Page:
Tricky cancer operations can be made easier and more effective – thanks to a Purdue University researcher’s revolutionising technique that ‘lights up’ the cancerous cells during a surgery.
Philip Low, biochemistry professor from Purdue University in Indiana in the U.S., says that this procedure, named fluorescence-guided surgery, will help surgeons to identify and remove tumours measuring just one tenth of a millimeter that could otherwise be missed.
“Ovarian cancer is notoriously difficult to see, and this technique allowed surgeons to spot a tumor 30 times smaller than the smallest they could detect using standard techniques,” he said.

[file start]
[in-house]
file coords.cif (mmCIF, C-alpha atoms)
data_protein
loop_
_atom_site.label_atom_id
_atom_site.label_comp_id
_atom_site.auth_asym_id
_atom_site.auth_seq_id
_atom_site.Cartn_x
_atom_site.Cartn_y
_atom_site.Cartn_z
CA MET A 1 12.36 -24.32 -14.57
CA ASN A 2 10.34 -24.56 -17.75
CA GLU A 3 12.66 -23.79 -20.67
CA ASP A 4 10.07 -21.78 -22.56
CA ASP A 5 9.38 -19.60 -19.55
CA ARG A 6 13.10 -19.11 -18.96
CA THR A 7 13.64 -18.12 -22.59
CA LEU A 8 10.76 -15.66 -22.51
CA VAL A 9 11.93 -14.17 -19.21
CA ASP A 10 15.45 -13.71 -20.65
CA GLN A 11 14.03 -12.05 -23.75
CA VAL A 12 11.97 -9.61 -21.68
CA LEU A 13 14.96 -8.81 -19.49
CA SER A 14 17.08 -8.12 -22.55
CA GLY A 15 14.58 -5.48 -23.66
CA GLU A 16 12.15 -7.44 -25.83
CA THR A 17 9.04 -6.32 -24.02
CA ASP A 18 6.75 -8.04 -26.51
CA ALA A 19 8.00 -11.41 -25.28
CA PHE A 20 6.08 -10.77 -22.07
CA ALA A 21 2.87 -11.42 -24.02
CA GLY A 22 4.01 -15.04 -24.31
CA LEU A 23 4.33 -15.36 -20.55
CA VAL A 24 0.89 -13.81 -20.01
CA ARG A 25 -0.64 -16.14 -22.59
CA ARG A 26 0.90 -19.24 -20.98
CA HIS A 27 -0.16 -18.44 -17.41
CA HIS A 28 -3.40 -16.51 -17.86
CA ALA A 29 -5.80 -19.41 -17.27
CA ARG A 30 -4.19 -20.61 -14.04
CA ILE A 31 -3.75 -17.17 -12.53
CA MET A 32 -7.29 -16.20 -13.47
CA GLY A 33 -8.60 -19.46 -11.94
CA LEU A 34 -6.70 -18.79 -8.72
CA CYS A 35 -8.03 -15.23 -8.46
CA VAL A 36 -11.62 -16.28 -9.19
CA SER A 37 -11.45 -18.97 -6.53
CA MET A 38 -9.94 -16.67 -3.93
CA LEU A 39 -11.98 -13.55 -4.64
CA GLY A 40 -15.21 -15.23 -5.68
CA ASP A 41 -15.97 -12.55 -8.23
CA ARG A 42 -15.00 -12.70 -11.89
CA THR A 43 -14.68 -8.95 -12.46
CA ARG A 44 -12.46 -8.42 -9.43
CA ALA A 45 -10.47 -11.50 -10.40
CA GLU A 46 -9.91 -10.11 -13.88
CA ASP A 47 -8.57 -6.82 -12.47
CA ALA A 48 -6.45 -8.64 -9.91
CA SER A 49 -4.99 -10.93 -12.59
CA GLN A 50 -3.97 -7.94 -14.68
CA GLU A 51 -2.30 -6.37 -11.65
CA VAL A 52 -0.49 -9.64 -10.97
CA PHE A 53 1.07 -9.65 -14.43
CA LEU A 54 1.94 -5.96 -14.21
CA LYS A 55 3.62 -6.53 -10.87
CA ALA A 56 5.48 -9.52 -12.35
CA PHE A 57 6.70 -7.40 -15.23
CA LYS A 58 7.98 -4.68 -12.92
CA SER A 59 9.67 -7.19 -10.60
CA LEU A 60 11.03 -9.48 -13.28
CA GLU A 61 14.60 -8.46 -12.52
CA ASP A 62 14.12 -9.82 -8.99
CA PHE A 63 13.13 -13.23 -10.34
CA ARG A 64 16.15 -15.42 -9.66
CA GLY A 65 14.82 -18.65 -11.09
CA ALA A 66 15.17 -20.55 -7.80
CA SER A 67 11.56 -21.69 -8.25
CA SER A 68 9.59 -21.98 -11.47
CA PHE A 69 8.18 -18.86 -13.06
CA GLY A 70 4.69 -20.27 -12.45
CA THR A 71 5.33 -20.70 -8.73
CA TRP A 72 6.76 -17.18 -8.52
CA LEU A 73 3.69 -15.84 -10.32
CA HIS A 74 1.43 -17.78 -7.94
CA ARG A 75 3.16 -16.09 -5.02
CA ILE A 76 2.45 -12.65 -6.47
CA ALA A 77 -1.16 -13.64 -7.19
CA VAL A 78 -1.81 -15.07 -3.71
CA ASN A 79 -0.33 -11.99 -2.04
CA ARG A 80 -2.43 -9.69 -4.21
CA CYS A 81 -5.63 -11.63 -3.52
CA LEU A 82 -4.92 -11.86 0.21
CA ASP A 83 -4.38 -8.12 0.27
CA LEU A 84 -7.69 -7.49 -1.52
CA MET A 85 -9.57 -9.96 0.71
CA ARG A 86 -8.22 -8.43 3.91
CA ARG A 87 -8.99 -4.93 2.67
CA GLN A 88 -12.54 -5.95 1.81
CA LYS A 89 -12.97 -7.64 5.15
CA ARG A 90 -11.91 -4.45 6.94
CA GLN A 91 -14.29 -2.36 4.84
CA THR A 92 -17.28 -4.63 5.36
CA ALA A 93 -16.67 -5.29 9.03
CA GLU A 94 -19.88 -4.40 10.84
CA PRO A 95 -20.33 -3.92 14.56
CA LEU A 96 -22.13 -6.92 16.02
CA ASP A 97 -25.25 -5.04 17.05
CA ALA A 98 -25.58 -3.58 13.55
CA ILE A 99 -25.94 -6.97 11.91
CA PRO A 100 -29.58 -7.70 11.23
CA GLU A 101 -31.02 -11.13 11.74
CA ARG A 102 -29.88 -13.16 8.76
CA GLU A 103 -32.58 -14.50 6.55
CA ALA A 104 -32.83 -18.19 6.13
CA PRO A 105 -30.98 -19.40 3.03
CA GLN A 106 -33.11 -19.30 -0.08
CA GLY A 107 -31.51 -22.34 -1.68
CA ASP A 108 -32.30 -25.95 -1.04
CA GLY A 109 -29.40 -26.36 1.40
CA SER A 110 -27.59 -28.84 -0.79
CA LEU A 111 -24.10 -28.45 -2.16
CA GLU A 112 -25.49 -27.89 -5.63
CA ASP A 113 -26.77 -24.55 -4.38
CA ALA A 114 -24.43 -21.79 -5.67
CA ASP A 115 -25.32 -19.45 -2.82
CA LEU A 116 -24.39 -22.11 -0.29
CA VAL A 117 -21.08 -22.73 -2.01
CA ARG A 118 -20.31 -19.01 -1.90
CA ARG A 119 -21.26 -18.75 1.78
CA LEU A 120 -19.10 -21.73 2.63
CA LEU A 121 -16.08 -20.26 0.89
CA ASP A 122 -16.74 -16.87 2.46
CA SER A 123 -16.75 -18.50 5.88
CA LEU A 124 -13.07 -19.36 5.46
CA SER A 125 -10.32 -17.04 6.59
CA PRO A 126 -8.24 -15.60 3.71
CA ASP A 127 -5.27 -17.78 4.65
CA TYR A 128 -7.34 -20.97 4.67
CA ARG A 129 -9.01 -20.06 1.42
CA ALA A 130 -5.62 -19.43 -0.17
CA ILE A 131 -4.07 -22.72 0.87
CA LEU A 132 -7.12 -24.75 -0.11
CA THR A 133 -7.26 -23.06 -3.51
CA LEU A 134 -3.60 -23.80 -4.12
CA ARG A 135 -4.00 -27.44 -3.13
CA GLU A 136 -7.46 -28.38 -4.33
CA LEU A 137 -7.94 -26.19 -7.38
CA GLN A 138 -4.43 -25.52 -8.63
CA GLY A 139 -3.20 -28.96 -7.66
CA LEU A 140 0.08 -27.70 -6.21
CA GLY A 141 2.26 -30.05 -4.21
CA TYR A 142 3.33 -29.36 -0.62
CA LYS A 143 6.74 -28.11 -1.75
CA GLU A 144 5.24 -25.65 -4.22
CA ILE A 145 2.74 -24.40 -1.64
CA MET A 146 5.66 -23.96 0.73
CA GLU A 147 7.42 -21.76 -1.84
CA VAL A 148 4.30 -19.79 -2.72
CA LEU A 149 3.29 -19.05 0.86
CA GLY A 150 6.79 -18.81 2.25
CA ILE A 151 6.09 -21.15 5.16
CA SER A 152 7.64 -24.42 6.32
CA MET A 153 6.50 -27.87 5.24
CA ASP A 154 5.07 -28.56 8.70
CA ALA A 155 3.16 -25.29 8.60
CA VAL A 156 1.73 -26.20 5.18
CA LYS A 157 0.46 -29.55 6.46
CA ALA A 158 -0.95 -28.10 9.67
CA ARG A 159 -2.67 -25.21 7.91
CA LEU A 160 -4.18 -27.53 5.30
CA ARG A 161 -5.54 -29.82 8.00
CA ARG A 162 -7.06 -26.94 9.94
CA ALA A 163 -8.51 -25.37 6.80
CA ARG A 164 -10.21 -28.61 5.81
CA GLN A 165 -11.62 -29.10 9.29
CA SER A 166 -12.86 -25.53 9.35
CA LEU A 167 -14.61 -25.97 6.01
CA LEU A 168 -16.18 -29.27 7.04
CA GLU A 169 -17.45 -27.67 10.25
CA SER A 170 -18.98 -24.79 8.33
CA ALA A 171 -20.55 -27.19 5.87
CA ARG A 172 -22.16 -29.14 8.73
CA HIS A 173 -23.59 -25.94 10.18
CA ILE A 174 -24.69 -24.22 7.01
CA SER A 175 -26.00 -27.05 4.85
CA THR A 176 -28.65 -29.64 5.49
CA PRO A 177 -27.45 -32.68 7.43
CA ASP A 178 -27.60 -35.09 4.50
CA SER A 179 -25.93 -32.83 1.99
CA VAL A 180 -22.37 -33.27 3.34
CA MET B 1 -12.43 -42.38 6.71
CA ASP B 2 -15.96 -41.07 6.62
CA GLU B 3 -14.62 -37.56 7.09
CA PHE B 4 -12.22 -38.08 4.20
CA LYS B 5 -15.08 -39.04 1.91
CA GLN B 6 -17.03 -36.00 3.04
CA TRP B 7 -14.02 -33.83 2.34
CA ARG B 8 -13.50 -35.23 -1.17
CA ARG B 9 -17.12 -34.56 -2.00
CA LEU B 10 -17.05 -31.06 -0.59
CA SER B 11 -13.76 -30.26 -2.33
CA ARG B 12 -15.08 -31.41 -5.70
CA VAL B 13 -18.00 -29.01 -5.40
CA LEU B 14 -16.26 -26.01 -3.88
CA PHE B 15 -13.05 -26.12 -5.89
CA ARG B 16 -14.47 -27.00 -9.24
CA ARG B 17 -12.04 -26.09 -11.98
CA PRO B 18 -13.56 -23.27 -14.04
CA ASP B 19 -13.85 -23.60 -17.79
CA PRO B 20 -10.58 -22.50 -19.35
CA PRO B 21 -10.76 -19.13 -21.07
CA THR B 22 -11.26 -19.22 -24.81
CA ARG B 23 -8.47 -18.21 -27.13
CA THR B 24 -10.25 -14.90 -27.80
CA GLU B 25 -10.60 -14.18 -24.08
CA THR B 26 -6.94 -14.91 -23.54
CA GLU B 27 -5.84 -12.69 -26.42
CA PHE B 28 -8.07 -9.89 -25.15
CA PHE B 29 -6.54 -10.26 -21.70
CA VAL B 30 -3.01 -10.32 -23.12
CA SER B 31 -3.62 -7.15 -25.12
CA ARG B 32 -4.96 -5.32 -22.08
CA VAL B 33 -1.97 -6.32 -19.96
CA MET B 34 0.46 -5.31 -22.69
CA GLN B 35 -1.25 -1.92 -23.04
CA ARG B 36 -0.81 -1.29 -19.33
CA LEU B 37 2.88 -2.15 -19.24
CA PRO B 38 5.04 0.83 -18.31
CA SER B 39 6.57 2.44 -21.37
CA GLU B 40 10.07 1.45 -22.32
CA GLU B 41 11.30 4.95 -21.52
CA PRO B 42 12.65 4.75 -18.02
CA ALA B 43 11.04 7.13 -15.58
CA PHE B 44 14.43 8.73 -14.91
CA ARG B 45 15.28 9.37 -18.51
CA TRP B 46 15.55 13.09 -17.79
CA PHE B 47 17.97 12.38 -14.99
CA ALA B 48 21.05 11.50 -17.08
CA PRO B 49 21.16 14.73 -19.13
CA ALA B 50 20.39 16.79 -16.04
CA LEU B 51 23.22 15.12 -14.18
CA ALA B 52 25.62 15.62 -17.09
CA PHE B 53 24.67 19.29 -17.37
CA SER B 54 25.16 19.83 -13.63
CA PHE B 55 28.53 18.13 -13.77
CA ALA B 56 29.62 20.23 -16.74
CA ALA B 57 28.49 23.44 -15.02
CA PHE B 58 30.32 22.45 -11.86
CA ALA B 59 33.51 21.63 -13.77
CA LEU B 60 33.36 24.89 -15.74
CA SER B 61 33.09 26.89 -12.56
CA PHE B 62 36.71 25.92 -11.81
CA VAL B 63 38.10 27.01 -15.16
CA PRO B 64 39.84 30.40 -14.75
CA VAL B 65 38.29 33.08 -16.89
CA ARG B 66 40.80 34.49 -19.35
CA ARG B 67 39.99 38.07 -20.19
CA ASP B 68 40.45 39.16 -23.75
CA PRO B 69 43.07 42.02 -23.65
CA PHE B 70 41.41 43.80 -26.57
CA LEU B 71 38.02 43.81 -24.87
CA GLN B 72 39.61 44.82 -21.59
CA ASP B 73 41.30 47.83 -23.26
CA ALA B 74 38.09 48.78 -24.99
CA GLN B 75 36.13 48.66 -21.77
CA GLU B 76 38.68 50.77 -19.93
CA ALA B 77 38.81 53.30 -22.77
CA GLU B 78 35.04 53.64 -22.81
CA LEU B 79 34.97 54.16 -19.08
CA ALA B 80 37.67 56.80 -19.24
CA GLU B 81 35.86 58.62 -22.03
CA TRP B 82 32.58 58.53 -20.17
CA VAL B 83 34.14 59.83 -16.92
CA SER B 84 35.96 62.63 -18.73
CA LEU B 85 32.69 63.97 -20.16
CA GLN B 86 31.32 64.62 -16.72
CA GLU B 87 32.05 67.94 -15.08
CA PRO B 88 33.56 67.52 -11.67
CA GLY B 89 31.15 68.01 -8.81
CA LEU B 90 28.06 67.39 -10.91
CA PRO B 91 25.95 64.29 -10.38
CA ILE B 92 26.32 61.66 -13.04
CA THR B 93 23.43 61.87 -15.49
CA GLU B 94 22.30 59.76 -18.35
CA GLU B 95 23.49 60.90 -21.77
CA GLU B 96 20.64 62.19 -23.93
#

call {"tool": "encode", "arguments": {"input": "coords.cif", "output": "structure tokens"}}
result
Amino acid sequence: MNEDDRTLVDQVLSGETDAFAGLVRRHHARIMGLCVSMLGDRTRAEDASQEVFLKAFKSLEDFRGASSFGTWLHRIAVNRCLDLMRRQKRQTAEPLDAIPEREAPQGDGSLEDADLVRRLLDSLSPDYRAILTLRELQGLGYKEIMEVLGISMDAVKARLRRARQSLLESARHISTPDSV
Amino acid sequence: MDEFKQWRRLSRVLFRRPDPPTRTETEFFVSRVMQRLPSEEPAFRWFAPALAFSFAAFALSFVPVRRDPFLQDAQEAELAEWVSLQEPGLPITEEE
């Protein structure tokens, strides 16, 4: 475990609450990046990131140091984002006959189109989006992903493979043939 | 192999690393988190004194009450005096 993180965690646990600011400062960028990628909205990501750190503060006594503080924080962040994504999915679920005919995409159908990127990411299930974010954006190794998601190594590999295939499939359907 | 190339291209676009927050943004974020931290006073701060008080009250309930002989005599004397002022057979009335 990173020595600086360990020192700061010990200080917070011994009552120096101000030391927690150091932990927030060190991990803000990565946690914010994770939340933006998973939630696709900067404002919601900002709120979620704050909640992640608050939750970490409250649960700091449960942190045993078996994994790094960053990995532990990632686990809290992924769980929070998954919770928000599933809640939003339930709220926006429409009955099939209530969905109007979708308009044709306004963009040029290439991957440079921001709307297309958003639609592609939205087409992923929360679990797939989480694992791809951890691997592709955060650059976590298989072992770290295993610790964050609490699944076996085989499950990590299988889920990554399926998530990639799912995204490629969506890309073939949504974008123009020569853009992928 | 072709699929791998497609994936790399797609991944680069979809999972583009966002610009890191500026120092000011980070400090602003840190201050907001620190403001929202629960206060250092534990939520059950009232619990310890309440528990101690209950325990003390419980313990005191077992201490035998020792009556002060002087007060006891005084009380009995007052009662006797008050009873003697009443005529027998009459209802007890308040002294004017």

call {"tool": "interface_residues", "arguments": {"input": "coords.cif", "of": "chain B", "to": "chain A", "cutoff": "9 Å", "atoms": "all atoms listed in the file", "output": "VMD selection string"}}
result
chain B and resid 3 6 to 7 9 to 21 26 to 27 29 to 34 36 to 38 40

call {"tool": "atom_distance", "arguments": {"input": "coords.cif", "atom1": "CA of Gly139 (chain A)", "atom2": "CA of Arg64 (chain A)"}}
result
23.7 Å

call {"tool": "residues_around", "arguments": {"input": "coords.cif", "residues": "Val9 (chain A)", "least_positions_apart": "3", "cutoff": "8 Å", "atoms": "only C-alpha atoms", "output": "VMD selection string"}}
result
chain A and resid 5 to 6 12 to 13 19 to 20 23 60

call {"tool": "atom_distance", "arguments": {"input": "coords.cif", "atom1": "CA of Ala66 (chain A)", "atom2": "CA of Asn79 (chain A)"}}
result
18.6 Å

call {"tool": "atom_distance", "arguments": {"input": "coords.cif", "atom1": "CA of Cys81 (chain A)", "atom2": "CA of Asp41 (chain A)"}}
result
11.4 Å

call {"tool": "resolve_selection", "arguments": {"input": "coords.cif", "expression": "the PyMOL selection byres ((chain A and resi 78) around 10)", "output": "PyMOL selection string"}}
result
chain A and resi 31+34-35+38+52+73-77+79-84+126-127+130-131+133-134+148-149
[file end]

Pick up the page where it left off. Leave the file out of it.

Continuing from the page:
“By dramatically improving the detection of the cancer – by literally lighting it up – cancer removal is dramatically improved,” he said.
The technique attaches a fluorescent imaging agent to a modified form of the vitamin folic acid, which acts as a “homing device” to seek out and attach to ovarian cancer cells.
Patients are injected with the combination two hours prior to surgery and a special camera system, called a multispectral fluorescence camera, then illuminates the cancer cells and displays their location on a flat-screen monitor next to the patient during surgery.
The surgeons involved in this study reported finding an average of 34 tumor deposits using this technique, compared with an average of seven tumor deposits using visual and tactile observations alone.
The technology is based on Low’s discovery that folic acid, or folate, can be used like a Trojan horse to sneak an imaging agent or drug into a cancer cell.
A paper detailing the study was published online Sept. 18 in Nature Medicine.